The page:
2023 Annual Experience Sharing Report for Northern Lights Phase 1 Facilities

Insights

By Abdul'Aziz Aliyu

22 May 2024

The report’s aim is to enhance future projects by offering insights and learnings in crucial areas such as project implementation, safety, efficiency, and sustainability.

Construction works at the Northern Lights onshore facilities in norway.

Introduction

As per their mandate, the Longship actors, Heidelberg Materials, Celsio Oslo Varme, and Northern Lights are charged with the dissemination of knowledge, experiences, and awareness of CO2 management. This commitment is fulfilled through detailed reports, facility tours, and engagement in conferences and presentations.

The Northern Lights experience report for the reception terminal and subsurface components (including pipes, well control, and geological storage) encompasses the period from 01 January 2023 to 31 December 2023. The aim is to enhance future projects by offering insights and learnings in crucial areas such as project implementation, safety, efficiency, and sustainability. The report distils knowledge and experiences into 10 thematic areas as provided below:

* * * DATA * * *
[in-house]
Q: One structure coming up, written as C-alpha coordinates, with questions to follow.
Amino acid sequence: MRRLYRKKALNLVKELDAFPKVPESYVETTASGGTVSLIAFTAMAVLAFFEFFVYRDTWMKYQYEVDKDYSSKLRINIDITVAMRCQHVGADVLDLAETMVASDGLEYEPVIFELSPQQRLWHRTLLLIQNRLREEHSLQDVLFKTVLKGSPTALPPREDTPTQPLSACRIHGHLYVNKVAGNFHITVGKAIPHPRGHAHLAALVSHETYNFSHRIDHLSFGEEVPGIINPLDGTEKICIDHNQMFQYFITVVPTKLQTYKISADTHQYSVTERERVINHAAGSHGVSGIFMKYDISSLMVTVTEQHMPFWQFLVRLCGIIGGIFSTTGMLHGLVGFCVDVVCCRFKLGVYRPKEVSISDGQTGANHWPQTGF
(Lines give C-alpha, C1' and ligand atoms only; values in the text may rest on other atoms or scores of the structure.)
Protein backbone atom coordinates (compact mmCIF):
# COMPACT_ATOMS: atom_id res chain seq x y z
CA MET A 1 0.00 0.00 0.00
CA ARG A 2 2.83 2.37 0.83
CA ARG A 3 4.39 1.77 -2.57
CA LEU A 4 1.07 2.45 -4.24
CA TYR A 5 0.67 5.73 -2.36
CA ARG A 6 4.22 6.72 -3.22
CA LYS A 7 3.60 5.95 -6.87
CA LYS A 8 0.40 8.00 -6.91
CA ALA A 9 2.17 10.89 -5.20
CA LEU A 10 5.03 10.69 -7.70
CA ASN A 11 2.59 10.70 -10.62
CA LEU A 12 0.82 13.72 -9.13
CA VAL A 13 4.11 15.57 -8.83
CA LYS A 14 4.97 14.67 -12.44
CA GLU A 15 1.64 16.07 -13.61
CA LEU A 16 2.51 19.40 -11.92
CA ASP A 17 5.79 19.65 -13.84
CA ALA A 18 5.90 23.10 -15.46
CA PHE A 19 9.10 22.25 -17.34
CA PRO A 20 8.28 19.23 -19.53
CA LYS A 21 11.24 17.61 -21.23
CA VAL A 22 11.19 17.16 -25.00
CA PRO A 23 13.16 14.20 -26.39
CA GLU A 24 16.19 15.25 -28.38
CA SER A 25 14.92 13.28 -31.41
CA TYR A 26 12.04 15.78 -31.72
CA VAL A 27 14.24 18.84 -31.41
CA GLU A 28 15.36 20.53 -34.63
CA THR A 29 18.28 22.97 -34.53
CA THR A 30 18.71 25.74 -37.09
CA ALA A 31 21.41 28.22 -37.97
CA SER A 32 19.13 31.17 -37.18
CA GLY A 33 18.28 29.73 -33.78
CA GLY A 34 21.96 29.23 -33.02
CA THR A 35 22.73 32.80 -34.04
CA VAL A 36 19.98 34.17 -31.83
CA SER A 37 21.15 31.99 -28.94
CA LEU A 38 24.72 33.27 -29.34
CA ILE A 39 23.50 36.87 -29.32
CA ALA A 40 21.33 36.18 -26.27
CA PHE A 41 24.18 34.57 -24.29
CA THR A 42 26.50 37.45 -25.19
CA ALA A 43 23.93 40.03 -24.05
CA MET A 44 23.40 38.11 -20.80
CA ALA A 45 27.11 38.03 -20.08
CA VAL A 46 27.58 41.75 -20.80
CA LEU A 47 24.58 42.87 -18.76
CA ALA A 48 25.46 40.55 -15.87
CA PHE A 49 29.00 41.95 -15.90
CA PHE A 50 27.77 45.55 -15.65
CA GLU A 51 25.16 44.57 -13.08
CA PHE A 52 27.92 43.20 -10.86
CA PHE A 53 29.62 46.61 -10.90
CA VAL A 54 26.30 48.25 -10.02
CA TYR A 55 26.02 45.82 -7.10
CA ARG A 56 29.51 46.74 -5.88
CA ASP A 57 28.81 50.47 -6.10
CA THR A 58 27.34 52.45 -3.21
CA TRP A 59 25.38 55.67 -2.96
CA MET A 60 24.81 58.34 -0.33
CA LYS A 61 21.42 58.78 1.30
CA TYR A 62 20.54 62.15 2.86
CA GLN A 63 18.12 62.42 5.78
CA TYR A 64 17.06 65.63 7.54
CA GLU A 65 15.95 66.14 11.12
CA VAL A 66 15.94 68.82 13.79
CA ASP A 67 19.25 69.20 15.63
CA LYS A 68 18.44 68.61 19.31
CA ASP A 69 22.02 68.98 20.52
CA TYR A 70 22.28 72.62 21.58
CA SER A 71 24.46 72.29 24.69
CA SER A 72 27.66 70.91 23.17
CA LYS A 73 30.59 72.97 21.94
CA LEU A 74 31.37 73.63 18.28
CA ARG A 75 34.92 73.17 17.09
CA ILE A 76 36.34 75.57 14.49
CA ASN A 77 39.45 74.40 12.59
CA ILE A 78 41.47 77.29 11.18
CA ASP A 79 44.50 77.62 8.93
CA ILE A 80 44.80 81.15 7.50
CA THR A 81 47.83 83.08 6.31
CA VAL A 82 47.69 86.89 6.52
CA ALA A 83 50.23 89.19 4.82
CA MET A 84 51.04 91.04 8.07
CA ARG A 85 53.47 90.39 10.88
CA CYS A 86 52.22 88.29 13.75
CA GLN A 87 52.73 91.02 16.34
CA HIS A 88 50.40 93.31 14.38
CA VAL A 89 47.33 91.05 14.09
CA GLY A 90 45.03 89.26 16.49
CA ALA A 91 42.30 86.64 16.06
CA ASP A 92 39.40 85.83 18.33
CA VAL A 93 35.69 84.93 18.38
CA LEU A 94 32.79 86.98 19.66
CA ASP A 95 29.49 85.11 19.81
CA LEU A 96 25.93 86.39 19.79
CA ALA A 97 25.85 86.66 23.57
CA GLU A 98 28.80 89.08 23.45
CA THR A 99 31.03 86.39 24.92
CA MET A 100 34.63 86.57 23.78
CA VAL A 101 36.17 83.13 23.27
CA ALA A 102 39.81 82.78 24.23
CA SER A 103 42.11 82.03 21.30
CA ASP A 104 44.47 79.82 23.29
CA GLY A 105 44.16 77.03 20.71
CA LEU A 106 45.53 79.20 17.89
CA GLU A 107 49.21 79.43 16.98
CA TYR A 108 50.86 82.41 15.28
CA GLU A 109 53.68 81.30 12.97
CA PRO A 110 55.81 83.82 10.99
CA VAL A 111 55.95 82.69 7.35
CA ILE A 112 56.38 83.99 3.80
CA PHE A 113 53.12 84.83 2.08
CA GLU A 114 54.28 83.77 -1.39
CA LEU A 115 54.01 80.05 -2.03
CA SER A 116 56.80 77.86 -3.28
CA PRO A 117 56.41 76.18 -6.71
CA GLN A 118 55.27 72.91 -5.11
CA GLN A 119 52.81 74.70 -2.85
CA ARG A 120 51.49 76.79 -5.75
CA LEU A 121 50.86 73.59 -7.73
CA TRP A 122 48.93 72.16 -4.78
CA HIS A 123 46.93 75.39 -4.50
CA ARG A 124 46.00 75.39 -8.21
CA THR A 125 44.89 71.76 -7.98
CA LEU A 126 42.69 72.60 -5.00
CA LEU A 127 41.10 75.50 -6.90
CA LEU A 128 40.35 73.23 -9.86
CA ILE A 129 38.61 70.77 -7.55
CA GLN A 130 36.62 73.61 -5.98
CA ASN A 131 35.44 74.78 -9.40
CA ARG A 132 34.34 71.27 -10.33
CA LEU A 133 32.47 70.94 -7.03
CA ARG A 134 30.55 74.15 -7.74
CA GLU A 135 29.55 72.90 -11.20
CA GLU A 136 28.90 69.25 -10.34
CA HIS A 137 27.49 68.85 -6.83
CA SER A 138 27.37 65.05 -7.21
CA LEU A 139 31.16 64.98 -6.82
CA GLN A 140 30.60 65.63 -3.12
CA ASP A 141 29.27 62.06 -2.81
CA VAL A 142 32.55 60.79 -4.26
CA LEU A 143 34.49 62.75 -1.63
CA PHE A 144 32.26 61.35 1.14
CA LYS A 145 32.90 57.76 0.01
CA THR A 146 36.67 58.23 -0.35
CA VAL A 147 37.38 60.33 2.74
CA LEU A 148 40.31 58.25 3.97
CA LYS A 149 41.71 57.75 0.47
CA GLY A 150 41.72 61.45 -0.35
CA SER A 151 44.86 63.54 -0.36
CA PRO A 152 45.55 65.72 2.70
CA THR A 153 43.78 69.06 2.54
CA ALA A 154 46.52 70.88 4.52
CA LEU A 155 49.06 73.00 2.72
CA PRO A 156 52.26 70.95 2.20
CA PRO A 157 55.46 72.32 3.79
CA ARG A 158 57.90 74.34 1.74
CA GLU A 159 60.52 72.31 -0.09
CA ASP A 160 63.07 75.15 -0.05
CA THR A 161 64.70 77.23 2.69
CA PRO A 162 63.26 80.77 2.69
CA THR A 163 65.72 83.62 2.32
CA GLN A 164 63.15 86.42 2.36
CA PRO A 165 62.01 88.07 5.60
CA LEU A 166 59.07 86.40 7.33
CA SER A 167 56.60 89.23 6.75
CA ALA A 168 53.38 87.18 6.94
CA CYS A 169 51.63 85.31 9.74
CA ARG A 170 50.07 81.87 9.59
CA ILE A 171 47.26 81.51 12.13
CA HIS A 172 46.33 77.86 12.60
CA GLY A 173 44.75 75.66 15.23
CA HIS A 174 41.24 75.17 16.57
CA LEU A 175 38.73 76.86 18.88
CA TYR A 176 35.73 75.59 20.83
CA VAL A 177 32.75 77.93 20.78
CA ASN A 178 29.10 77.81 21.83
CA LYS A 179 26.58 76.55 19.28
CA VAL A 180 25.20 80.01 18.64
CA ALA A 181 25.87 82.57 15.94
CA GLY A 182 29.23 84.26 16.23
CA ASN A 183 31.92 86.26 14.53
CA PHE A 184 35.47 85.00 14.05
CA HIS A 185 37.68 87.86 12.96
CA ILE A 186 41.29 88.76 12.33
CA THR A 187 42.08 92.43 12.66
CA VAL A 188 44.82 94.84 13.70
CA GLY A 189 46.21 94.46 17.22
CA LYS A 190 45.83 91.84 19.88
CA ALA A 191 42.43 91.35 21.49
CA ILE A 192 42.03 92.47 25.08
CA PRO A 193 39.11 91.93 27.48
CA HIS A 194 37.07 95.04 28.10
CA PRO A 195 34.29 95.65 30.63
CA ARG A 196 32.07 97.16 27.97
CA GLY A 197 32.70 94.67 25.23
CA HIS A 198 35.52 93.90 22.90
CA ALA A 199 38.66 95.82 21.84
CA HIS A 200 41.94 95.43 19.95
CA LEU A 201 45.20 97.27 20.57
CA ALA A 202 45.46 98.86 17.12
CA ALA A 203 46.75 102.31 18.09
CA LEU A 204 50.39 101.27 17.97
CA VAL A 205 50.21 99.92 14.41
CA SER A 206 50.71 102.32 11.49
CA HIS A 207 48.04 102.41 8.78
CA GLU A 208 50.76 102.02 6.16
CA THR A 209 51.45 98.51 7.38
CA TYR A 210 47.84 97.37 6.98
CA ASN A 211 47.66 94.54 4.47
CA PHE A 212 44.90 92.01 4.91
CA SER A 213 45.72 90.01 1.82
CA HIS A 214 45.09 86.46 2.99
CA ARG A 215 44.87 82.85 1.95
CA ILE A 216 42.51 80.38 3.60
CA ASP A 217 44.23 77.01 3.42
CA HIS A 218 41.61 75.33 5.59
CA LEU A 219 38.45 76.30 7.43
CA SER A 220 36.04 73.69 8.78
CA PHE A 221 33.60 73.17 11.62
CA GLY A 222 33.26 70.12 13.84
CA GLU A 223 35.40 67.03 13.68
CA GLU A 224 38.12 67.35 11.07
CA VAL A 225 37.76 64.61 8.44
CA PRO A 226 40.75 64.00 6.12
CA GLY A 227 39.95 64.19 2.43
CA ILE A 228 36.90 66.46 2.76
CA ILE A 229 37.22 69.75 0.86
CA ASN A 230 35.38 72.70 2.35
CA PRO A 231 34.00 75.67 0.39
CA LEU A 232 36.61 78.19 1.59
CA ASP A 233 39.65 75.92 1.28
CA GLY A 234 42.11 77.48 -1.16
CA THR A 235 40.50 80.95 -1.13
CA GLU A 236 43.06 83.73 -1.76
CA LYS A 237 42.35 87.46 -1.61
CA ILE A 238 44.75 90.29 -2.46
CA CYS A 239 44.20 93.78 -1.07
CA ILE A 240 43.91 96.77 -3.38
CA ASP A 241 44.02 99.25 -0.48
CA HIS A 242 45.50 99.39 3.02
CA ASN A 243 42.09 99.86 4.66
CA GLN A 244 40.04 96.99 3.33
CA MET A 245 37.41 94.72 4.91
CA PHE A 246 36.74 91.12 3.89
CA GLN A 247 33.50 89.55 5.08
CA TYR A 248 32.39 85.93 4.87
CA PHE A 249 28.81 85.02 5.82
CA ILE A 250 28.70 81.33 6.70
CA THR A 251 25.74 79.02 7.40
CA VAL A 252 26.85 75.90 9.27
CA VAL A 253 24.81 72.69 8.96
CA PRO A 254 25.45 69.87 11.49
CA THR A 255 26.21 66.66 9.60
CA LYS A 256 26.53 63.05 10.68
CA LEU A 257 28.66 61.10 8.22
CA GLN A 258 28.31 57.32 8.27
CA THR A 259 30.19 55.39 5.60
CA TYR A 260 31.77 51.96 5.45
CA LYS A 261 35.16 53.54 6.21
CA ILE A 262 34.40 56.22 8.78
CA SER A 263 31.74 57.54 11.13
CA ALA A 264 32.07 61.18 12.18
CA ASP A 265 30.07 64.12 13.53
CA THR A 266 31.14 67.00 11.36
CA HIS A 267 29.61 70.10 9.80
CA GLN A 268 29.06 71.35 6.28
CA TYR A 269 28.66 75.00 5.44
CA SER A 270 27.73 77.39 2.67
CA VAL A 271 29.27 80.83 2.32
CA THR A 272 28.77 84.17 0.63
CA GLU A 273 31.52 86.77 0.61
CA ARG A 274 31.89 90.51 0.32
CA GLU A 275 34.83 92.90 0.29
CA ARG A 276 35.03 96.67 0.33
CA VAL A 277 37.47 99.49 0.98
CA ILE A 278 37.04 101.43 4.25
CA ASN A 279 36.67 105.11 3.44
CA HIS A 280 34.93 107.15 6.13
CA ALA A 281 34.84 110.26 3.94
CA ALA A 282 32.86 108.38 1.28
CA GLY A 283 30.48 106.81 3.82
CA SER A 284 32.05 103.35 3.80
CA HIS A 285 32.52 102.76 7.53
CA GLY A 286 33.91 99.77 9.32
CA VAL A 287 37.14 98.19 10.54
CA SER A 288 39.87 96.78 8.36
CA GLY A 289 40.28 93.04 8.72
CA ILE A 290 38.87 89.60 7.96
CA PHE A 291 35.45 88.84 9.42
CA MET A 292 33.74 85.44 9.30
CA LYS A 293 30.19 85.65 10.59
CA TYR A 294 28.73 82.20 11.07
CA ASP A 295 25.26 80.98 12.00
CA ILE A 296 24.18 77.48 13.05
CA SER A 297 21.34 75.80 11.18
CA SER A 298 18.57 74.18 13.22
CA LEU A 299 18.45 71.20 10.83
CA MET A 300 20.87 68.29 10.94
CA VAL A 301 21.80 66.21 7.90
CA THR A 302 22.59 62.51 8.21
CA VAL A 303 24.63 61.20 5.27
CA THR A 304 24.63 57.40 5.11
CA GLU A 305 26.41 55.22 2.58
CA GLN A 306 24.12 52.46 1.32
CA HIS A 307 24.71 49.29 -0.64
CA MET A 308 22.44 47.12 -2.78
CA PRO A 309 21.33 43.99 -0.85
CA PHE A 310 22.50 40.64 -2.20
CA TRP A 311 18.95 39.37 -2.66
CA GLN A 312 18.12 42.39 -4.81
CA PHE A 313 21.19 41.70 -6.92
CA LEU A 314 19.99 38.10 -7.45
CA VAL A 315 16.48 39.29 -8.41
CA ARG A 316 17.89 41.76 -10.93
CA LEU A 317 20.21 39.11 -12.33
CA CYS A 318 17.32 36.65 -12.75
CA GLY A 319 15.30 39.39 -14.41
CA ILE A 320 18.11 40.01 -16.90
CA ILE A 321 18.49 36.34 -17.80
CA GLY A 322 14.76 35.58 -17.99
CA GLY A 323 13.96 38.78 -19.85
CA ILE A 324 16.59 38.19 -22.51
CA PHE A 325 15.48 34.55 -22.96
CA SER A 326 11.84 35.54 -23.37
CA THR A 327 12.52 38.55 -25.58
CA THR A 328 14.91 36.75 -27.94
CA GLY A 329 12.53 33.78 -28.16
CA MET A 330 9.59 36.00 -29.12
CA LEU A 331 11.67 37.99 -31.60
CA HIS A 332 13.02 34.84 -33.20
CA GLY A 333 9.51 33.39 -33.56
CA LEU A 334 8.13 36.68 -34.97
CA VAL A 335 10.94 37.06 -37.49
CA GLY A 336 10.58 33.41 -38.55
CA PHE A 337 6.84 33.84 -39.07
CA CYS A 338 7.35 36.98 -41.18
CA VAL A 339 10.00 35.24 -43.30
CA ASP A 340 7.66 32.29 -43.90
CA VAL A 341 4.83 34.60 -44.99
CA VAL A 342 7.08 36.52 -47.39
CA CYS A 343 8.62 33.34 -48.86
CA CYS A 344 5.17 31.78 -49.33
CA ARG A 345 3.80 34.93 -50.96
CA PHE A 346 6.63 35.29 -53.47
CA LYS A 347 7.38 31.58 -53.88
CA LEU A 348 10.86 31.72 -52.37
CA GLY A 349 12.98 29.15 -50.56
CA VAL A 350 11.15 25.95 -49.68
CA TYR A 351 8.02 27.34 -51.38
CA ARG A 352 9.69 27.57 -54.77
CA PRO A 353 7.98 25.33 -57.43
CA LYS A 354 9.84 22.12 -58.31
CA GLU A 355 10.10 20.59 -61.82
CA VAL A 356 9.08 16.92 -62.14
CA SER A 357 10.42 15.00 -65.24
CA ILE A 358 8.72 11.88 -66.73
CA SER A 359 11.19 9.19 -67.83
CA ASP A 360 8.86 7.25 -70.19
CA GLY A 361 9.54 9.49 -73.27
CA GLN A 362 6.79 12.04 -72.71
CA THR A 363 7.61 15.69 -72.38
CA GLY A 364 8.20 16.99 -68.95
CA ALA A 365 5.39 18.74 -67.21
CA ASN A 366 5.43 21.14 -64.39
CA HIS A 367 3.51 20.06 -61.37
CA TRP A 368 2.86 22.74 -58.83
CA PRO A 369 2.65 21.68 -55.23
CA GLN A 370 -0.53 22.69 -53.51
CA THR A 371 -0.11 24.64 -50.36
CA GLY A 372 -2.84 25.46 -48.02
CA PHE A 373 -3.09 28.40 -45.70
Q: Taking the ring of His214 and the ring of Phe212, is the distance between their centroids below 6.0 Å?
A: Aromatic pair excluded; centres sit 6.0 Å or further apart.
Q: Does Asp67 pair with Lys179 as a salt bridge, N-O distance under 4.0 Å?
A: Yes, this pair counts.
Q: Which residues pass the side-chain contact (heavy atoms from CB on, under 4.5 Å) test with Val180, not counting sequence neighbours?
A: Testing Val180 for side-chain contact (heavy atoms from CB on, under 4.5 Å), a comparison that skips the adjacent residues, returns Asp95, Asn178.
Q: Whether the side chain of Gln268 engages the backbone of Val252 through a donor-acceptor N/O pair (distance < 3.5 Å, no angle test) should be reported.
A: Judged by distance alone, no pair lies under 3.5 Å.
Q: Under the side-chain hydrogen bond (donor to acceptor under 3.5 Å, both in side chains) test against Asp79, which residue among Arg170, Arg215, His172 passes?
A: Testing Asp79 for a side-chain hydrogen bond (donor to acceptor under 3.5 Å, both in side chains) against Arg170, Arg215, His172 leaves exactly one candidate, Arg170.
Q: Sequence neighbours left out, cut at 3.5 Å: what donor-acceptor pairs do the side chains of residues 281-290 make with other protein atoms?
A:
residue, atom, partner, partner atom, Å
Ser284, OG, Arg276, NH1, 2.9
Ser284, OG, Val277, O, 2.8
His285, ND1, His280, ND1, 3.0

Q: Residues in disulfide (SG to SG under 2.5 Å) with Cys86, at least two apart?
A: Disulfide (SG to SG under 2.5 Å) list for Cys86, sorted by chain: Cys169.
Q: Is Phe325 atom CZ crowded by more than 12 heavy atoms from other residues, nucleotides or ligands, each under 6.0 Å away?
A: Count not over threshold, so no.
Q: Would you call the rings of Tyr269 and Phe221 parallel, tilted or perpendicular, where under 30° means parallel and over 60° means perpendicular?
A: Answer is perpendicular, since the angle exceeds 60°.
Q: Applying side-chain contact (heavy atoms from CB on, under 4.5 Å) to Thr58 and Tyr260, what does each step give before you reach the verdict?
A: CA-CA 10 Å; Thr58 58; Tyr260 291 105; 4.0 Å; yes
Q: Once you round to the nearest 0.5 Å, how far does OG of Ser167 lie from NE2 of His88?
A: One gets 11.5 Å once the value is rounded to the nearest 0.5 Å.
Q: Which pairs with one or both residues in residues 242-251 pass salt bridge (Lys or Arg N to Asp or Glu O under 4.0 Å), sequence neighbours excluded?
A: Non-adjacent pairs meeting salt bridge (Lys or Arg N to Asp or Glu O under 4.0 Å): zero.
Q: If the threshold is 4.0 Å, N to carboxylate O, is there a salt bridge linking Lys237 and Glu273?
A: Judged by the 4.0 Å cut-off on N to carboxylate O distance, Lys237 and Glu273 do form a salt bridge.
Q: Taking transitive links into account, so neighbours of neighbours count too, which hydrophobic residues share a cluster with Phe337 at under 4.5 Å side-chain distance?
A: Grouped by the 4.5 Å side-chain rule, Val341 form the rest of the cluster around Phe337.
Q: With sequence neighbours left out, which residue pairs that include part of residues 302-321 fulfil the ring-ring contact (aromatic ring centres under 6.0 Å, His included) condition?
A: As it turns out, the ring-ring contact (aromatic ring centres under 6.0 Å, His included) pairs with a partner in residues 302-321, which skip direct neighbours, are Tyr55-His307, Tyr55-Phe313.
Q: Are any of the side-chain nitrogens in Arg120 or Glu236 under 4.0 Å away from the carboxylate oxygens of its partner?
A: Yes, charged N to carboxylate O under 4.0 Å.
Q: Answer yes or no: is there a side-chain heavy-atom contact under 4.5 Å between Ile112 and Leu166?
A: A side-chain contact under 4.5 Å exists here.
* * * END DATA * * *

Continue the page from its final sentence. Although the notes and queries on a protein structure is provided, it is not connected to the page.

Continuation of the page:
Quay Upgrade and Expansion

The civil design of the jetty on Northern Lights was performed approximately 2 years before detailed design of the ships, with jetty design in 2018/19 and jetty construction starting in the beginning of 2021. Consequently, the jetty design had to be based on preliminary assumptions of the final ship length and location of the central manifold as well as other key interface facilities.

Examination of the quay design uncovered mismatches between the initial calculations and the actual specifications required for docking ships, resulting in costly modifications. To prevent such issues in the future, it is stressed that quays should be designed with enhanced flexibility, allowing for adjustments in key ship design parameters. It is also recommended to include adequate margins in the design to accommodate uncertainties in ship specifications.

Flange Management

Corrosion and mechanical damage affected several ring-type joint (RTJ) carbon steel flanges, highlighting the necessity for enhanced personnel training and better upkeep of carbon steel pipe coils stored outdoors. It is advisable to adopt a more comprehensive flange management protocol that encompasses improved handling techniques and more rigorous maintenance standards.